Flu shot cuts heart attack risk in half in heart patients

Oct. 24, 2013 at 11:01 PM
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TORONTO, Oct. 24 (UPI) -- The flu shot cuts in half the risk of heart attack or stroke among those who have already had a heart attack, researchers in Canada say.

Study leader Dr. Jacob Udell, a cardiologist at Women's College Hospital and clinician-scientist at the University of Toronto, said the influenza vaccine's heart protective effects might be even greater among those who receive a more potent vaccine.

"Our study provides solid evidence that the flu shot helps prevent heart disease in vulnerable patients -- with the best protection in the highest risk patients," Udell said in a statement. "These findings are extraordinary given the potential for this vaccine to serve as yearly preventative therapy for patients with heart disease, the leading cause of death among men and women in North America."

Udell and Dr. Michael Farkouh of the Peter Munk Cardiac Centre at the University Health Network reviewed six clinical trials on heart health in people who received the flu vaccine that involved more than 6,700 patients with a history of heart disease.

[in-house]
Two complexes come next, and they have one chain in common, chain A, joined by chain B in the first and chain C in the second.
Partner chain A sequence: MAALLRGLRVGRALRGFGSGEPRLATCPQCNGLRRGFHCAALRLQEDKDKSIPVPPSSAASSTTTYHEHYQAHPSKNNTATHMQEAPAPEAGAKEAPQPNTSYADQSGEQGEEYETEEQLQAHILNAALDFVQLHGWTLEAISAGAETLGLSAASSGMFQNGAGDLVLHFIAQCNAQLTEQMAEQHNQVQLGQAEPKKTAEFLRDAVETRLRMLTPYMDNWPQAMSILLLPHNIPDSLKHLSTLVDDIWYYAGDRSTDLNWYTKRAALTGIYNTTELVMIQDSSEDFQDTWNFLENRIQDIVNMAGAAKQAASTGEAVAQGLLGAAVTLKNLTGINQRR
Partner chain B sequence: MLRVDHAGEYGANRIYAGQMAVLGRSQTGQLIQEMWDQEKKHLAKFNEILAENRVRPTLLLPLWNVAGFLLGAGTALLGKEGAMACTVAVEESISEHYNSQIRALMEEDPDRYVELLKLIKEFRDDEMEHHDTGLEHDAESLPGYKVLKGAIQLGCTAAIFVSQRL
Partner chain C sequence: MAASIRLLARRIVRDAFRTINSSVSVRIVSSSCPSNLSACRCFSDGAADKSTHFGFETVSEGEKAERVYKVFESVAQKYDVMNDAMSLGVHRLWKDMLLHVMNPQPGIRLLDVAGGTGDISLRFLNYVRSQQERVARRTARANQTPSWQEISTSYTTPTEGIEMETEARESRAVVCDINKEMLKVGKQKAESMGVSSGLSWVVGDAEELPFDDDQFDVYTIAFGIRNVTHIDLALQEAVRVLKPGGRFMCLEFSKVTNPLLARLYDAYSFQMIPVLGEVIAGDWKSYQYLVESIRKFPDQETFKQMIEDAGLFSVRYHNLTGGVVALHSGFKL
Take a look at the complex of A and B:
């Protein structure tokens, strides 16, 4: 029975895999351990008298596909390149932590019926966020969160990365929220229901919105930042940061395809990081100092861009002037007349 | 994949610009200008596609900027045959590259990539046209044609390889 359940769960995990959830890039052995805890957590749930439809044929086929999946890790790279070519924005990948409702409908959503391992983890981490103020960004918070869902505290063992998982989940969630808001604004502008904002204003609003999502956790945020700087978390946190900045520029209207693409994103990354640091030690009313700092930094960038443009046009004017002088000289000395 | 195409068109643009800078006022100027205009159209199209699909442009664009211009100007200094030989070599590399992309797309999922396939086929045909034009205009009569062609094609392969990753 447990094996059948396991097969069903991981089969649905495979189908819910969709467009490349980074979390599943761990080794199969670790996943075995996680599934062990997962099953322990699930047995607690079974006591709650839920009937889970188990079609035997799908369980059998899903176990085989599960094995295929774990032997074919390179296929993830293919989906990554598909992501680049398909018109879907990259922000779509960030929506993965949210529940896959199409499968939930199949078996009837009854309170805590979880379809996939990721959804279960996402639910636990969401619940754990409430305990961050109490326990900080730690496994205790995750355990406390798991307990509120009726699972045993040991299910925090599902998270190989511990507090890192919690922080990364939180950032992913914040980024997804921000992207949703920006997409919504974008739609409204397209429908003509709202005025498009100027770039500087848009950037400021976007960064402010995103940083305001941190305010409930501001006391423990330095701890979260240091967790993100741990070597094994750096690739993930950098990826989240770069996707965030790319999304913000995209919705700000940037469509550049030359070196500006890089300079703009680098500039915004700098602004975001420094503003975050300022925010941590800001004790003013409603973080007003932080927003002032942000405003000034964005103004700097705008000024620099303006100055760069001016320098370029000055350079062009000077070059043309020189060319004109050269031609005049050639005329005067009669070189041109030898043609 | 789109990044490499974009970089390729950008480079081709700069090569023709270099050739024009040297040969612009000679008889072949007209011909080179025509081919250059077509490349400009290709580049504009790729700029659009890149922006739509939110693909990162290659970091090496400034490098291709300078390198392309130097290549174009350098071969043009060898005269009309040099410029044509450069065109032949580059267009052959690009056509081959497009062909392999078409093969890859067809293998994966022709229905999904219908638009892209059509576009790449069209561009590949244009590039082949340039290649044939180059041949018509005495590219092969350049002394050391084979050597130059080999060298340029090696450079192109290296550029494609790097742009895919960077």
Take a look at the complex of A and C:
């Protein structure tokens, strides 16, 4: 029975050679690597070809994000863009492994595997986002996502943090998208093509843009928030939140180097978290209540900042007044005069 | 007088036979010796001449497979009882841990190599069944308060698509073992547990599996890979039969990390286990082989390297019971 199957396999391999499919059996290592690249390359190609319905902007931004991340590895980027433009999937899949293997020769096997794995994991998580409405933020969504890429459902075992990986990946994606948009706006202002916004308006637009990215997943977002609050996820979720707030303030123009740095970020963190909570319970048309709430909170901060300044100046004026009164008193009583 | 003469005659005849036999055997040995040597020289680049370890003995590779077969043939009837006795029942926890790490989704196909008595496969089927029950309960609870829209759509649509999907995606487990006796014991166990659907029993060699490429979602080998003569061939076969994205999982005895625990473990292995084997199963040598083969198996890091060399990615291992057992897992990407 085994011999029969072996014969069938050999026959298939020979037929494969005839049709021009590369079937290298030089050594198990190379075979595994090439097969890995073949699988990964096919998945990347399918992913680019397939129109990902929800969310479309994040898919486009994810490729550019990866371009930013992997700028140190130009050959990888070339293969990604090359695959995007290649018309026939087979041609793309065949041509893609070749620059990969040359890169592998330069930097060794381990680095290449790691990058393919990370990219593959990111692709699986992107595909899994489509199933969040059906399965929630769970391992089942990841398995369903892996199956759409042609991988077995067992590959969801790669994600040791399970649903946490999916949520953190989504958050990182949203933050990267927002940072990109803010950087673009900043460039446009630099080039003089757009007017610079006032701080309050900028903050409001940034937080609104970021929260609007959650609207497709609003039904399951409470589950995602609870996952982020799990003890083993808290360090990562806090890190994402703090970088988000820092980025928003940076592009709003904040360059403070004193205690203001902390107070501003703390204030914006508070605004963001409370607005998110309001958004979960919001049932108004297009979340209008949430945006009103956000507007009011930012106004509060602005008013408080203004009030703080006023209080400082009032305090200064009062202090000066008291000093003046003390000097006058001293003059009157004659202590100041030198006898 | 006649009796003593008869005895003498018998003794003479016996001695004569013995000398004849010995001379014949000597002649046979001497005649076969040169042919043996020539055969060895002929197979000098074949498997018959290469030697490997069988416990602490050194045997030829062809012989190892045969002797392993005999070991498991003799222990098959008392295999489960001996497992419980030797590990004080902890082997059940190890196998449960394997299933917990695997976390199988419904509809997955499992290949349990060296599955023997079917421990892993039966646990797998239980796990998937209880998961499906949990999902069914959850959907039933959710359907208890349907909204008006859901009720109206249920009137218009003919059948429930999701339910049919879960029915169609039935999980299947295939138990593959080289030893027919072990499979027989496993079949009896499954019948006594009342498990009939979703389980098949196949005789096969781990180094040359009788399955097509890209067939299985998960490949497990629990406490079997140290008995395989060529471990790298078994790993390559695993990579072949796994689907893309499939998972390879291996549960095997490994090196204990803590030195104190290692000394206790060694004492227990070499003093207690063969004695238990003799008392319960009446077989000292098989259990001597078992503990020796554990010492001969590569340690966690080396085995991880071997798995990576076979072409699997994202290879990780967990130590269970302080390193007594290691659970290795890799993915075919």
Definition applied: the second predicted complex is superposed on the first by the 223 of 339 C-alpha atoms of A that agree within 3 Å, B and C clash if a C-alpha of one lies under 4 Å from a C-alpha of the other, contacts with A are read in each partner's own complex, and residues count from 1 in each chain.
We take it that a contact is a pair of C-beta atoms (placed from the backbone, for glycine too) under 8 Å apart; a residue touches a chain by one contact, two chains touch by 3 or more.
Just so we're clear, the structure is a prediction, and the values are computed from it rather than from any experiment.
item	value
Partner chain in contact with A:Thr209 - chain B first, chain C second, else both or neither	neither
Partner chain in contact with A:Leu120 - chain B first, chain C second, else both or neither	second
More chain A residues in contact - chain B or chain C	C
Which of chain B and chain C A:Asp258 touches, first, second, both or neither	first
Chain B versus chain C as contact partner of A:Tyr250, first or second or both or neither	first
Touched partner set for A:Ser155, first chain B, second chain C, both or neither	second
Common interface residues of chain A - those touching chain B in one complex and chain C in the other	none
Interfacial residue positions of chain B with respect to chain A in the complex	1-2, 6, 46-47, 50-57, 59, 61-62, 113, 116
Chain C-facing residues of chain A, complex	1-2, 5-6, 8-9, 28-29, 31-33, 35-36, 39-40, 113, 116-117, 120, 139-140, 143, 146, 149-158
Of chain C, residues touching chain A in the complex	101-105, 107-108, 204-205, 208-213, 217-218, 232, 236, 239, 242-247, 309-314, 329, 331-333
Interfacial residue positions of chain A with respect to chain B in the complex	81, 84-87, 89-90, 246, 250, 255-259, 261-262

The study, published in the Journal of the American Medical Association, found people who received the flu shot:

-- Had a 36 percent lower risk of a major cardiac event such as a heart attack, stroke, heart failure, or death from cardiac-related causes one year later.

-- Had a 55 percent lower risk of a major cardiac event if they had a recent heart attack.

-- Were less likely to die from cardiac-related and other causes.

-- Were less likely to have a major cardiac event with a more potent vaccine compared with the standard seasonal vaccine.

"If the flu vaccine can reduce the risk of cardiac events, these shots could have considerable impact on cardiac health," Udell said.

However, the researchers cautioned that a large prospective clinical trial is necessary to confirm the effectiveness and safety of the influenza vaccine as a therapy that will reduce the risk of heart attack or stroke in people with heart disease.

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